It happens when you’ve been gardening in the same place for a long time: You realize you are living in an overgrown jungle. Unless you’ve been really conscientious about dividing your muscular perennials every few years, you suddenly notice they are not blooming as well as they should; and the bullies are crowding out the meeker, weaker little guys.
You realize you need to take action. You know there are valuable plants in there and your conservation-mindedness says you can’t just ditch or compost perennials that some other gardener might love to have. But the job of digging and replanting seems overwhelming.
So, “who you gonna call?”
Your Kitsap County Master Gardener Salvage Team, that’s who!
The salvage team is part of the Plant Sale Committee, which raises funds through the Master Gardener Foundation of Kitsap County. The funds support the demonstration gardens that donate thousands of pounds of vegetables to local food banks, diagnostic clinics at farmers markets and public events, youth programs at the demo gardens and public garden seminars.
Starting on a small scale in 2009, Master Gardeners Chrissy Petoff and Christine Nelson decided to enhance the annual plant sale by salvaging plants from their own gardens. Petoff brought in 75 plants that first year. The following year, a team of volunteers from the new class of Master Gardener recruits set a goal to collect 500 plants from their own gardens. They collected 1,000.
By 2011, the group was off and running with a very organized, task-oriented system. Volunteer assignments included obtaining soil, pots, labels and signs. Leadership tasks included setting up “digs” with donors, organizing volunteer crews to do the actual digging and transportation of plants, and coordinating dig times.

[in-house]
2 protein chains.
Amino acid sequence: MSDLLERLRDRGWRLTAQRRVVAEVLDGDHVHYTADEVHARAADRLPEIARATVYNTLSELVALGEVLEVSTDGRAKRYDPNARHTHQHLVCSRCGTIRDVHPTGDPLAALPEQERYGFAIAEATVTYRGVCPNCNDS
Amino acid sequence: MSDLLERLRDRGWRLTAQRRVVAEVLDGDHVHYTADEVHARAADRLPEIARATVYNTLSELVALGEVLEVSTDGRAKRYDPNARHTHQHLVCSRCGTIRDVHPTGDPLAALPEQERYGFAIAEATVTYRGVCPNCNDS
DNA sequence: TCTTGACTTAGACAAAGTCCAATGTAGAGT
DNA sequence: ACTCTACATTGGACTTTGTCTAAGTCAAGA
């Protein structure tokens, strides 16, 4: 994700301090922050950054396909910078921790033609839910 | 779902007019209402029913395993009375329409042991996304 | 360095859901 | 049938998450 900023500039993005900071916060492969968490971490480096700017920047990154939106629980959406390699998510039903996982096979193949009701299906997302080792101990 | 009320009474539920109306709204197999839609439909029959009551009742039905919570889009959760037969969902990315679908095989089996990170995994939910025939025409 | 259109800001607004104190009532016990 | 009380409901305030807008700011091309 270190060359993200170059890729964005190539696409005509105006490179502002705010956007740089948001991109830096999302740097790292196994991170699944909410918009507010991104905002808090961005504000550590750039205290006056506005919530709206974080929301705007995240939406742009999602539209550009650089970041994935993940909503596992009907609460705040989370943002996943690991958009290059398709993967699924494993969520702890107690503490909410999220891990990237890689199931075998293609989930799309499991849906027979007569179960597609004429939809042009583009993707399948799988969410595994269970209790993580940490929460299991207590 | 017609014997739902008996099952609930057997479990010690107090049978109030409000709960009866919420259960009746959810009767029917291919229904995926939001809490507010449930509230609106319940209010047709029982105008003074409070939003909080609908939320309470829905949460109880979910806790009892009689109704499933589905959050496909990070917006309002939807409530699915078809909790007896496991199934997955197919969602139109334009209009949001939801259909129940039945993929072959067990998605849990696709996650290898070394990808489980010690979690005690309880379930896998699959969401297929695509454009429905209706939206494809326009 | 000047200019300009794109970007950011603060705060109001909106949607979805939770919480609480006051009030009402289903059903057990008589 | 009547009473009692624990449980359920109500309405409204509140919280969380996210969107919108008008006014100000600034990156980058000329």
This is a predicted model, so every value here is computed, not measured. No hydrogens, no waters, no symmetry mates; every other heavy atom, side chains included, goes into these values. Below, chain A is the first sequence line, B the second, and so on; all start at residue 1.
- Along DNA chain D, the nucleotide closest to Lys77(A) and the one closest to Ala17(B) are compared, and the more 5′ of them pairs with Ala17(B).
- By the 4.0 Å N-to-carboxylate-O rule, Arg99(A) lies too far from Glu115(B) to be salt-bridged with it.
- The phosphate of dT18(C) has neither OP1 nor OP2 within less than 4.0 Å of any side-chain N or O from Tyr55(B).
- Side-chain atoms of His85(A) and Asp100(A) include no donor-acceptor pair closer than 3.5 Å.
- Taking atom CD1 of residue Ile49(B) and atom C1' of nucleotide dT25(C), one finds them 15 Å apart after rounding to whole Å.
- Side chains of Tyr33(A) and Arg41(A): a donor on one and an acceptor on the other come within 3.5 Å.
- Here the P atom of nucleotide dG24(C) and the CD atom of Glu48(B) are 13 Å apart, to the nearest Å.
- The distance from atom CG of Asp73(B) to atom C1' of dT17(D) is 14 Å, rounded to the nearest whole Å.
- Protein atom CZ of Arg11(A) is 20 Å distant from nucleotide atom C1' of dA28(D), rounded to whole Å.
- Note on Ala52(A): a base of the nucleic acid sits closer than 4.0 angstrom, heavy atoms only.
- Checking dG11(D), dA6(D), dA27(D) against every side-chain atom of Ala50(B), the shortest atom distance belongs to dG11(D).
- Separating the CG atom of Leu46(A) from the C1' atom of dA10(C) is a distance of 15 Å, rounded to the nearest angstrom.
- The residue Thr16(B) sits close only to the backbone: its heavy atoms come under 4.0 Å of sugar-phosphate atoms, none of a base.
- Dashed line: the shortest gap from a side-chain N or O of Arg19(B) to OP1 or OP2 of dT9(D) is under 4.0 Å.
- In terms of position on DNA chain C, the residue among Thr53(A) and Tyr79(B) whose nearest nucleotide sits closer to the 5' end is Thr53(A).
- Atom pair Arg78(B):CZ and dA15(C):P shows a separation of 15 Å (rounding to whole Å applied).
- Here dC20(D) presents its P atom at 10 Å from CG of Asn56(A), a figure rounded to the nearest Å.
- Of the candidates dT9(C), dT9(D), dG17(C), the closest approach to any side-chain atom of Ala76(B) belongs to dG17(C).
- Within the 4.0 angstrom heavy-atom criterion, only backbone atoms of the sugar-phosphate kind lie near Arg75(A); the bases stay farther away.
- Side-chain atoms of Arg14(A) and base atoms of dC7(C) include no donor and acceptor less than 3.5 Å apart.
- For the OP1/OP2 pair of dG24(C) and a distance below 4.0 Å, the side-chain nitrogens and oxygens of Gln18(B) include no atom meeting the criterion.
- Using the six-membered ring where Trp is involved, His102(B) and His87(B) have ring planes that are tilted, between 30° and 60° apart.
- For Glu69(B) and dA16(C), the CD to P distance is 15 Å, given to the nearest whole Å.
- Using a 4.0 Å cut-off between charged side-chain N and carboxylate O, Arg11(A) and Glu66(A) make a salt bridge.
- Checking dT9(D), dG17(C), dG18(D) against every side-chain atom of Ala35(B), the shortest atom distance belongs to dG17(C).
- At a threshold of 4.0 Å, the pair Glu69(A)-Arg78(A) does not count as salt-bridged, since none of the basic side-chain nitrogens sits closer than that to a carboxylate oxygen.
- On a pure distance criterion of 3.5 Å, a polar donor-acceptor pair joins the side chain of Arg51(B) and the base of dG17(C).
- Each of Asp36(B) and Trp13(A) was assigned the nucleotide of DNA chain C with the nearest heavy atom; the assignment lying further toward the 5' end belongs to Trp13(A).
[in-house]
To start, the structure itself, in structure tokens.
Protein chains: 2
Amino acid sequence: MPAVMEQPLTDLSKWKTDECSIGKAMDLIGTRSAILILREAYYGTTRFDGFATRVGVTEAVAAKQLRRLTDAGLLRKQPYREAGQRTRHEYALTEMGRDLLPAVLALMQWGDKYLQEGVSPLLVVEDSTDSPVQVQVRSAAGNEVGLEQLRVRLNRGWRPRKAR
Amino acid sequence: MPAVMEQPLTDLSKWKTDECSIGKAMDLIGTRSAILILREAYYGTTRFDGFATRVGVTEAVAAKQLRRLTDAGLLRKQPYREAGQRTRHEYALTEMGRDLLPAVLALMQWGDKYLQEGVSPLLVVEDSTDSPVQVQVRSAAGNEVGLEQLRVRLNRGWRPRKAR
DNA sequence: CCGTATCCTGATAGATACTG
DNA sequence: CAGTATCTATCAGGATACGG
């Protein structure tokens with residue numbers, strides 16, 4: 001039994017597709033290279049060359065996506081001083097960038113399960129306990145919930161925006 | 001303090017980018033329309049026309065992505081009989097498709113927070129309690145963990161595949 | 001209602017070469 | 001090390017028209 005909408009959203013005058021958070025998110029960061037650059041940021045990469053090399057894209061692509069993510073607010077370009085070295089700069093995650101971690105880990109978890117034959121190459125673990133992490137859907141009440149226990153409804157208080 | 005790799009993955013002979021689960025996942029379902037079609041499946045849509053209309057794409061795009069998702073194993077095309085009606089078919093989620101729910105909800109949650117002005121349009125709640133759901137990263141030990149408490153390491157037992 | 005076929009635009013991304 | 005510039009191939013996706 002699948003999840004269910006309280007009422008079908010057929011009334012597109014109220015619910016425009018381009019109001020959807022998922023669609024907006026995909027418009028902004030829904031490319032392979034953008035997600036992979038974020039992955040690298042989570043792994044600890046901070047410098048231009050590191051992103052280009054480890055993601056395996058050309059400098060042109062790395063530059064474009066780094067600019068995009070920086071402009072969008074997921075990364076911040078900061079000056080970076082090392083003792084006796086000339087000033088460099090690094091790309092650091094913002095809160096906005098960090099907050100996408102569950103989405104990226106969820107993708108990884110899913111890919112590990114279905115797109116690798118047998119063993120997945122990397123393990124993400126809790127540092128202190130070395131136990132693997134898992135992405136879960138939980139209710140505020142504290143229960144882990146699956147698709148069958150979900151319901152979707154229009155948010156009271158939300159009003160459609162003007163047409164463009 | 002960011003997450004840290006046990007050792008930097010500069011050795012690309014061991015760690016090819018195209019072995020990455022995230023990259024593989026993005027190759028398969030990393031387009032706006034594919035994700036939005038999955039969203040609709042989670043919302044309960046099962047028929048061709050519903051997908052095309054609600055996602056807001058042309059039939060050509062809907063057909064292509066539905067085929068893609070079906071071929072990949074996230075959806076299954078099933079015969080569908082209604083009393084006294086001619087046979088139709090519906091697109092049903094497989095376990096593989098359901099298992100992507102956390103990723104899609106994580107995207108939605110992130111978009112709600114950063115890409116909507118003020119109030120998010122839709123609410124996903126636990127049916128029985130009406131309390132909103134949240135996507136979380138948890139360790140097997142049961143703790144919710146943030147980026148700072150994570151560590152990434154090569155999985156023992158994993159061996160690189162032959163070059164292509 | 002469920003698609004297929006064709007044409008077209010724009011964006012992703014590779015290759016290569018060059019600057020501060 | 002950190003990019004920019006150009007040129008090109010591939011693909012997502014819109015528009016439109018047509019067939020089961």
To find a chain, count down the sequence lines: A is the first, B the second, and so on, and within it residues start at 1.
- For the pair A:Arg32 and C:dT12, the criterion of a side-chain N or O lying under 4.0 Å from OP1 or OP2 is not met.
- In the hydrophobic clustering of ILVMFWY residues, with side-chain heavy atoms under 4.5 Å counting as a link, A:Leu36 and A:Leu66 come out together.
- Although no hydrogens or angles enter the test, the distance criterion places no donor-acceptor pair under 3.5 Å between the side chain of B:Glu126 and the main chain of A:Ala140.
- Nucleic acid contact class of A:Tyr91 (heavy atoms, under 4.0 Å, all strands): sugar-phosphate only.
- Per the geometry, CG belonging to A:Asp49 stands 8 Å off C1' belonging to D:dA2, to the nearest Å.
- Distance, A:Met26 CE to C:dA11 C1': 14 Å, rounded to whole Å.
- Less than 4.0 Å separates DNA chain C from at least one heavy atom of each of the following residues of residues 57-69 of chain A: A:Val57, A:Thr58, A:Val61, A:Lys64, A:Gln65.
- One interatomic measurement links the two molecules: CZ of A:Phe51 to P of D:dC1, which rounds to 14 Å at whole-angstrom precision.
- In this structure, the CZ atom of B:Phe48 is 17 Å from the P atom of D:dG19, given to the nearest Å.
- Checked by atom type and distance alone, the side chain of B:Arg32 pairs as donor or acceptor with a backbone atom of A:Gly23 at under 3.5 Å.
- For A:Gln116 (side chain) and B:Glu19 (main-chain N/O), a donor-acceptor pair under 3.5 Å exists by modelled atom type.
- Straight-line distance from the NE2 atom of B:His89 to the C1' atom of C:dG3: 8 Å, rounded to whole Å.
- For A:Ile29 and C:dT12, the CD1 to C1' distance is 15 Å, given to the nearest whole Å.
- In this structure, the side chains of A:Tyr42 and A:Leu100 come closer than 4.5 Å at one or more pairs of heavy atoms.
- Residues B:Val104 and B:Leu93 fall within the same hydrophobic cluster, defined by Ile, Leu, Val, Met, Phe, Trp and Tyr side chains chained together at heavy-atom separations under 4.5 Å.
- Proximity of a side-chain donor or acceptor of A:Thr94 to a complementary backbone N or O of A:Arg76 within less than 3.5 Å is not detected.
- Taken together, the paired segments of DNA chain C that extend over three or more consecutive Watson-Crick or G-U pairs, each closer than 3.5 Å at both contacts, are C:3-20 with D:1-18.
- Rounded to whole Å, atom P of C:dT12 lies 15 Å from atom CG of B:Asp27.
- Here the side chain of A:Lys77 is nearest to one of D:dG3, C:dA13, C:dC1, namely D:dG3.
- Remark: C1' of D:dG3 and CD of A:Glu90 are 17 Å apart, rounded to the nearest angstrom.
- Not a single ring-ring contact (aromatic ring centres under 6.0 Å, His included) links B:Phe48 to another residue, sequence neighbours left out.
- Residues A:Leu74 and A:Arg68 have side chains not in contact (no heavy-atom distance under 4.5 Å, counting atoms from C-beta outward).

Originally named “The Dirty Dozen,” the Master Gardeners use their own tools to dig and divide plants, as well as their own vehicles to transport soil and pots. Jobs range from physical work such as digging, dividing and lifting of plants, to the less rigorous assignments of labeling the plants for the big spring plant sale. Donors are asked to identify their plants, but sometimes they don’t know the full name, have lost the tags or simply never knew. That’s when the job of researching and identifying comes in.
By 2022, the Kitsap County Master Gardener Salvage Team grew from the original Dirty Dozen to a well-oiled and smooth-running organization of up to 70 members, including a lead team of eight people. The lead team scouts potential plant donors from among other Master Gardeners, families, friends and neighbors. They advertise in the summer on the foundation’s Facebook page and put out a “Got Plants?” flyer listing the perennial plants they want and those they do not want.
The team leaders have a good list by the end of August. They analyze the information and determine the dig dates. Anne Haines manages the database and keeps the list that is used for making the plant labels. Team members sign up and are scheduled throughout September and October. They usually complete about 30 digs each fall.
An Emergency Dig
It’s all very organized and runs like clockwork. I speak from experience — I was the very grateful donor for a dig last September. We needed to remove a huge perennial bed in the middle of the backyard to make way for a new drain field for our septic system. The drain field was failing and we didn’t realize it was under almost our entire backyard. There were some precious plants that I wanted to save and I knew about the salvage team program. We were in luck. The schedule was pretty full but Haines thought she would be able to fit us in.